Counting your teeth and identifying their surfaces involves a very precise method.
Have you ever wondered what your dentist means when they are examining and counting your teeth and they start saying a string of numbers and letters? When dentists and dental hygienists talk about numbers and letters as they peer into your mouth, they are identifying specific teeth. Using a coding system of letters and numbers allows dentists to specify which teeth have decay or other problems.
CAUTION – things are about to get complicated!
Each tooth has two numbers. For the first number we split the mouth up into 4 quadrants. Top right (quadrant 1), Top left (quadrant 2), Lower left (quadrant 3), Lower right (quadrant 4).
For the second digit in the number we use the following code:
Central incisor -No.1, Lateral incisor– No. 2, Canine – No. 3, First premolar – No. 4, Second premolar – No. 5, First molar – No. 6, Second molar – No. 7, Third molar (also known as the ‘wisdom tooth’)– No. 8. Using these two sets of numbers combined, your dentist can identify each tooth in your mouth. The first number signifies which quadrant of the mouth the tooth is located in, and the second number identifies the tooth type. So your upper right central incisor will be referred to as tooth 11 (and your dentist will say ‘one-one’, not ‘eleven’) and your lower left wisdom tooth is a 38 (‘three-eight’).
Phew…. you got that?
Baby there’s more….
With baby teeth there are 20 deciduous (baby) teeth, five in each quadrant. So a similar numbering system exists for baby teeth, except that the quadrant numbers start at 5. Top right (quadrant 5), Top left (quadrant 6), Lower left (quadrant 7), Lower right (quadrant 8). So your upper right deciduous central incisor will be referred to as tooth 51 and your lower right first premolar will be referred to as tooth 84. Sometimes both adult teeth and baby teeth will be present in the mouth at the same time. This can mean the tooth numbers from both charts are mixed together.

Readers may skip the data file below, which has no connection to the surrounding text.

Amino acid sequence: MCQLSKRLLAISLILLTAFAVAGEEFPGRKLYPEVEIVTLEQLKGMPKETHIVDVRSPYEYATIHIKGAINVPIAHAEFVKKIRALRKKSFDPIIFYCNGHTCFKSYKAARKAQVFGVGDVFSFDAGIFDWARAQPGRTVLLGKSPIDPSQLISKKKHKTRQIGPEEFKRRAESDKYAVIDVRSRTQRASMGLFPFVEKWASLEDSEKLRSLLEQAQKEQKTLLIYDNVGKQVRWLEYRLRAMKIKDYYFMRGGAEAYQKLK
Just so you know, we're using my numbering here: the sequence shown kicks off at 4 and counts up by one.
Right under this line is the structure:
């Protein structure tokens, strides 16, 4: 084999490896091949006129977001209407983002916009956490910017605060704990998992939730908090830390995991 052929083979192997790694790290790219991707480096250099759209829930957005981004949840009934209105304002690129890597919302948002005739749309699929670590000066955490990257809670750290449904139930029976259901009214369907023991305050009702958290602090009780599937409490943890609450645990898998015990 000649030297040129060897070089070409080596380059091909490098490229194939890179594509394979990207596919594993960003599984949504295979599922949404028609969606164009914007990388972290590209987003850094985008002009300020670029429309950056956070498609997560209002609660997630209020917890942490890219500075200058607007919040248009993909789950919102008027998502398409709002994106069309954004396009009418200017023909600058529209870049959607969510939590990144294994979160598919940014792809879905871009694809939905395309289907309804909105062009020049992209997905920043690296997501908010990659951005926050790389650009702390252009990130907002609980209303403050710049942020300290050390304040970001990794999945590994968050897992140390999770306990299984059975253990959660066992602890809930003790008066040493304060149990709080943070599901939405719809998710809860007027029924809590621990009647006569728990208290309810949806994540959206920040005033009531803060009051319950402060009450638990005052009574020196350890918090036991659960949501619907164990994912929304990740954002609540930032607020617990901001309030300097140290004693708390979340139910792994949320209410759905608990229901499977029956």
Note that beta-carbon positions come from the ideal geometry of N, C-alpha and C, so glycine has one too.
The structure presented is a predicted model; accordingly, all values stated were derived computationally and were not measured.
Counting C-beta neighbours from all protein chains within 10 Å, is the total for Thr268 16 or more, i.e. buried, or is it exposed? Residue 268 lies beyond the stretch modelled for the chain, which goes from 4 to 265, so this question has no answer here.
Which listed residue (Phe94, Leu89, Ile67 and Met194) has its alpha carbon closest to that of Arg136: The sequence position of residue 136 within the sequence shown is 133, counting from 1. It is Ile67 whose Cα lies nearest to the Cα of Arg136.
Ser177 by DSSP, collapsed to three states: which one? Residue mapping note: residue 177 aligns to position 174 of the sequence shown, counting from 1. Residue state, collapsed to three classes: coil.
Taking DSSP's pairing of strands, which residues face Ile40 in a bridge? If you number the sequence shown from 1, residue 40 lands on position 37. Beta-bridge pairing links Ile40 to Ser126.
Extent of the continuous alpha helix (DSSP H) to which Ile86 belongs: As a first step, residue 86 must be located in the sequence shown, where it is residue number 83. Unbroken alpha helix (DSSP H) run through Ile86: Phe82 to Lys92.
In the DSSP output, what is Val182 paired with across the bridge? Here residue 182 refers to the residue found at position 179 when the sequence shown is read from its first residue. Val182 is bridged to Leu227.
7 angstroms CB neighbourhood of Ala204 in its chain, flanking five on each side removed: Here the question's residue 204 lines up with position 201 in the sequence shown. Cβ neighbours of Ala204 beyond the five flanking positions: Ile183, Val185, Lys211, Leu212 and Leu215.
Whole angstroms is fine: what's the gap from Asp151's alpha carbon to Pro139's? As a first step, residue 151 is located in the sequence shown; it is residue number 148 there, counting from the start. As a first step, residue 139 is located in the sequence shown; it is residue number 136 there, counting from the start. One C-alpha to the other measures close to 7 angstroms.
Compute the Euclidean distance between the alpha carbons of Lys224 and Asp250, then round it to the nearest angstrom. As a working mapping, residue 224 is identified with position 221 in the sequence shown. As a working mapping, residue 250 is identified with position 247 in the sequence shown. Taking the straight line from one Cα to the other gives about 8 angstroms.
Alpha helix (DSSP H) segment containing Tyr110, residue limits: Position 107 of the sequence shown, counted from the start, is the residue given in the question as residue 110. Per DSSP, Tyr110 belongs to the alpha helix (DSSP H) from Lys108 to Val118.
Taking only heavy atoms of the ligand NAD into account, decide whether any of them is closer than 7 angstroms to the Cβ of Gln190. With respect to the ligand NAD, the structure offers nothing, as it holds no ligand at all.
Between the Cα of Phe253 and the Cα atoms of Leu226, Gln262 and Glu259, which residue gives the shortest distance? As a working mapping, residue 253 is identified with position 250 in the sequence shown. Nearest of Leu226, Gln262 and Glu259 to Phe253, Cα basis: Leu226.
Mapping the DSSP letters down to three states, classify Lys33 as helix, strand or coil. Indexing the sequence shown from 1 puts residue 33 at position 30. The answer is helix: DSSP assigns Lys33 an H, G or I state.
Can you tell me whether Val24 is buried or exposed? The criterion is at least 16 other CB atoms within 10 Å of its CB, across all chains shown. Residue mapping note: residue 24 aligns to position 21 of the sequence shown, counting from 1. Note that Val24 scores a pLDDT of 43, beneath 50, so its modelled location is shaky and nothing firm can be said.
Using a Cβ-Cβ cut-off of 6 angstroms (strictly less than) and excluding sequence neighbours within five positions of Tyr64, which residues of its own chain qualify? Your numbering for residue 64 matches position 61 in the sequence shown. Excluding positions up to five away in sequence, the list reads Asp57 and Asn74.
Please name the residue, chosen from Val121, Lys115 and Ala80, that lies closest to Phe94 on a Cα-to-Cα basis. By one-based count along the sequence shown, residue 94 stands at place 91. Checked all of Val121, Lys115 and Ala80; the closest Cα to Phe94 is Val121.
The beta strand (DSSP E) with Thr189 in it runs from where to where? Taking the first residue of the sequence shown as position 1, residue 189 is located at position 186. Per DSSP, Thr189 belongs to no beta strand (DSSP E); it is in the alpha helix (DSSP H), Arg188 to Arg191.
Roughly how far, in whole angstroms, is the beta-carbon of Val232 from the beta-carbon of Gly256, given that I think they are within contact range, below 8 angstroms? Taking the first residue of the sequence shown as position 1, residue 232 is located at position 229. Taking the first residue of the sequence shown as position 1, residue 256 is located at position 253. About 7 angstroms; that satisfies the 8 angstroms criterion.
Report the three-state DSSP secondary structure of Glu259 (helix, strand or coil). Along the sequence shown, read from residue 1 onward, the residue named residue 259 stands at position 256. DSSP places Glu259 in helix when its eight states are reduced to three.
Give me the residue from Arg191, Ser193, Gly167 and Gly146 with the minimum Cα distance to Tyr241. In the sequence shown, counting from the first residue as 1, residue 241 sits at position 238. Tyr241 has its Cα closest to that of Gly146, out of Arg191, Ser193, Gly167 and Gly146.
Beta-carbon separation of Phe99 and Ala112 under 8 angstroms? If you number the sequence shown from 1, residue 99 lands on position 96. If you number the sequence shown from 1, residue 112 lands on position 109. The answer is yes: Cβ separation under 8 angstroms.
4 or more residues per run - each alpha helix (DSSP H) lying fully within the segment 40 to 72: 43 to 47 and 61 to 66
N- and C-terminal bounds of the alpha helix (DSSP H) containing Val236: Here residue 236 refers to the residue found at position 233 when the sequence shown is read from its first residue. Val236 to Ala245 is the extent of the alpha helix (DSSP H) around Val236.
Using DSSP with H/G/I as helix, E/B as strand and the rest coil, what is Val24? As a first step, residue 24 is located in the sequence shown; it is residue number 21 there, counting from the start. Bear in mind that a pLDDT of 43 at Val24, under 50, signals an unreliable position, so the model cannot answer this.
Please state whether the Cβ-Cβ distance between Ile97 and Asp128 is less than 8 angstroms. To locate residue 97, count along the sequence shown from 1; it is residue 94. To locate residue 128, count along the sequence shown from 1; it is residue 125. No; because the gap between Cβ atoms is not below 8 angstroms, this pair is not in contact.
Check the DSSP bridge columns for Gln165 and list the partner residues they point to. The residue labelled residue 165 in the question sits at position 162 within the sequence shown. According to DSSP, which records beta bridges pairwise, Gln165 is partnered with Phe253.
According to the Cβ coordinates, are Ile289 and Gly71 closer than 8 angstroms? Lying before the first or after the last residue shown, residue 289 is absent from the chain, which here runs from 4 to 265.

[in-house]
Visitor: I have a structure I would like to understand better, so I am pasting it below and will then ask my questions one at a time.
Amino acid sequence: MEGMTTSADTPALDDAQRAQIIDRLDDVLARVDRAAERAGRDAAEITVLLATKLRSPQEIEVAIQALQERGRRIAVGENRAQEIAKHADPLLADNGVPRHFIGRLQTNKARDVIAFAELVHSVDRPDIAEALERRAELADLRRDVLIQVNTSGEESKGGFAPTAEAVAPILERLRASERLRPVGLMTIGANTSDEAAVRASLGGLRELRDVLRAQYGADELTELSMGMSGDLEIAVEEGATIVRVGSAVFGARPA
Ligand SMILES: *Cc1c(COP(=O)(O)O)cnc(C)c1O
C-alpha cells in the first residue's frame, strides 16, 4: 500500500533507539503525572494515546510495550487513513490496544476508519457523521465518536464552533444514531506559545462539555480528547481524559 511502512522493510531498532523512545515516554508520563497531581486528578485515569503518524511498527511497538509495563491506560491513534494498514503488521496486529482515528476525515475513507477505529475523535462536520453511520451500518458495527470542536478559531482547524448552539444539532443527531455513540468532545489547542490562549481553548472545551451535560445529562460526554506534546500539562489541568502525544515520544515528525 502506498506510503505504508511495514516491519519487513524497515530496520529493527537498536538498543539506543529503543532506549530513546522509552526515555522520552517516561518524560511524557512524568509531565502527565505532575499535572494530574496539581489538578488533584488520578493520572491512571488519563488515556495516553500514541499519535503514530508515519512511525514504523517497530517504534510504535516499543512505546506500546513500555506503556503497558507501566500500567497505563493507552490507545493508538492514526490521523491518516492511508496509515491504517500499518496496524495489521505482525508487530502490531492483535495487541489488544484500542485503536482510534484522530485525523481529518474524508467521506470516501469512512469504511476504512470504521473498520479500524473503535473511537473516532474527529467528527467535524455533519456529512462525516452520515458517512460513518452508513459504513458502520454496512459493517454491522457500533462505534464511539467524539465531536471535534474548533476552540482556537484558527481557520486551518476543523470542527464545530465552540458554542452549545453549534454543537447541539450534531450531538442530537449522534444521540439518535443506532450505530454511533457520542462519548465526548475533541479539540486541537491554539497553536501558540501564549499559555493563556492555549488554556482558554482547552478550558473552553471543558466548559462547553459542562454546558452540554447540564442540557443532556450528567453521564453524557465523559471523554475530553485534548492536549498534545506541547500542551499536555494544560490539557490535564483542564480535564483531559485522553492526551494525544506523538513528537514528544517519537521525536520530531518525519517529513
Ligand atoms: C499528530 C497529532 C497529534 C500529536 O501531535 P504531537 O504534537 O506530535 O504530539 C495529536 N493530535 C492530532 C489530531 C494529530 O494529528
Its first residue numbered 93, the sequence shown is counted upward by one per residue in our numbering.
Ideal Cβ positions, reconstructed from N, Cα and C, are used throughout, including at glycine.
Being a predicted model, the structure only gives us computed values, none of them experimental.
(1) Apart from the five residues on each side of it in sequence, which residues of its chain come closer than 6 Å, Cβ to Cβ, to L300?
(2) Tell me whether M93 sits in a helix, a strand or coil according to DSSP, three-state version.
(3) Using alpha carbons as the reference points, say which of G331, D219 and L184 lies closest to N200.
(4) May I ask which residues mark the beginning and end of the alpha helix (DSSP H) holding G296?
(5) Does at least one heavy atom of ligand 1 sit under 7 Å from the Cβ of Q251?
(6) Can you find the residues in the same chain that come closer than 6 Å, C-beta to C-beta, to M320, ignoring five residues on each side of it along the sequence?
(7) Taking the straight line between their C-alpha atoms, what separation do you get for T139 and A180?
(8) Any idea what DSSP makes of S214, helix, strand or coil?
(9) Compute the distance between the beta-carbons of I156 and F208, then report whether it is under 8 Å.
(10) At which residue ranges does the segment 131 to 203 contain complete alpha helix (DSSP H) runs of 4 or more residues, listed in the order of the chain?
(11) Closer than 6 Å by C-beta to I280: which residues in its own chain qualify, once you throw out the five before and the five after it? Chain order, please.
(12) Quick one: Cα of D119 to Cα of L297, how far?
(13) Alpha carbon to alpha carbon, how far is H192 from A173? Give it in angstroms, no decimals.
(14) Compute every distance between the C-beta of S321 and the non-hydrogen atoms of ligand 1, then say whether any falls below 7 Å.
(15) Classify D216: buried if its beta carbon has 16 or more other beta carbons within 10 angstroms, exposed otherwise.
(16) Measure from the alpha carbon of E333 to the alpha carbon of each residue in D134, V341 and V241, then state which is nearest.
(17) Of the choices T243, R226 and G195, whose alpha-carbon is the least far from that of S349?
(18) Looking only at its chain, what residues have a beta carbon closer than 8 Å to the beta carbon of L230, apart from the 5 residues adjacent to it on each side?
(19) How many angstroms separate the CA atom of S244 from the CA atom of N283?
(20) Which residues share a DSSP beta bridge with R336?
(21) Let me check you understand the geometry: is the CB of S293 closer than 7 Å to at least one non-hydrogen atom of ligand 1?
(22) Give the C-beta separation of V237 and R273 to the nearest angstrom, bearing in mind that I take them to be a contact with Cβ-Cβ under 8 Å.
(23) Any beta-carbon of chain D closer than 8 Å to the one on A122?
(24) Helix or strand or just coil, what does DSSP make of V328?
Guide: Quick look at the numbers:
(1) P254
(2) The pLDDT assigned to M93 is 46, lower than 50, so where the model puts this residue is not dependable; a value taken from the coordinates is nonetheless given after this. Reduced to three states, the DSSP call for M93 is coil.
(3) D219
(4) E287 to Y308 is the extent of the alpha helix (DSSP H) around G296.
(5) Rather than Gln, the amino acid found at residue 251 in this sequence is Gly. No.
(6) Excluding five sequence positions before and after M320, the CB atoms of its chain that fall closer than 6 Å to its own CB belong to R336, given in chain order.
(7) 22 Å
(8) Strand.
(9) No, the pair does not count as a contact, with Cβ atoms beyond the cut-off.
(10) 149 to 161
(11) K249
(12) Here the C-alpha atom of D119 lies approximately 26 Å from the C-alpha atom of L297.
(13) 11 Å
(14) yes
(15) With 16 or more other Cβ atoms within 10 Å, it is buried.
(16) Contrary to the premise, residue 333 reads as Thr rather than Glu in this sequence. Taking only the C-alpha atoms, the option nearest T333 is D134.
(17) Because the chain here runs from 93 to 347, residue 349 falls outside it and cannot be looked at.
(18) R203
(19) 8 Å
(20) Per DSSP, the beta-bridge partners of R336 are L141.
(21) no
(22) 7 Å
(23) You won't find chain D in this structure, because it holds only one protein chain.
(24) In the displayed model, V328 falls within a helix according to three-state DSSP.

Now to the surfaces of the teeth:
Every tooth has 5 surfaces each with a different name. A tooth has two proximal surfaces, or surfaces that normally touch another tooth. There is a surface that is oriented toward the midline of the dental arch and another that is oriented away from the midline of the arch. The mesial (M) is the proximal surface closest to the midline of the arch and the distal (D) is the proximal surface furthest away from the midline of the arch. The facial is the surface of a tooth that faces towards the lips or cheeks. The labial (L) is the surface of an anterior tooth that faces the lips and the buccal (B) is the surface of a back tooth that faces the cheeks. The surface of a tooth facing towards the tongue is called the lingual (L). Chewing surfaces of a front tooth is the incisal (I) and for a back tooth it’s called the occlusal (O).
Charting accurately means knowing numbers and surfaces.
So when you come in for a check up with your dentist they will have a look around and if you have any existing treatment we will put that in your chart using the letter and numbering code talked about earlier. For example if you have a composite filling which most patients call a white filling the dentist may say to their dental assistant there is an existing composite on the 34 MOD. So then we know that you have a filling on your lower left first premolar on the mesial, occlusal and distal surfaces of that tooth.
I hope this gives you an understanding of what we may be talking about when you come in for your check-up and hear us saying funny numbers.
By Kelsi Mitchell
Cert III Dental Assistant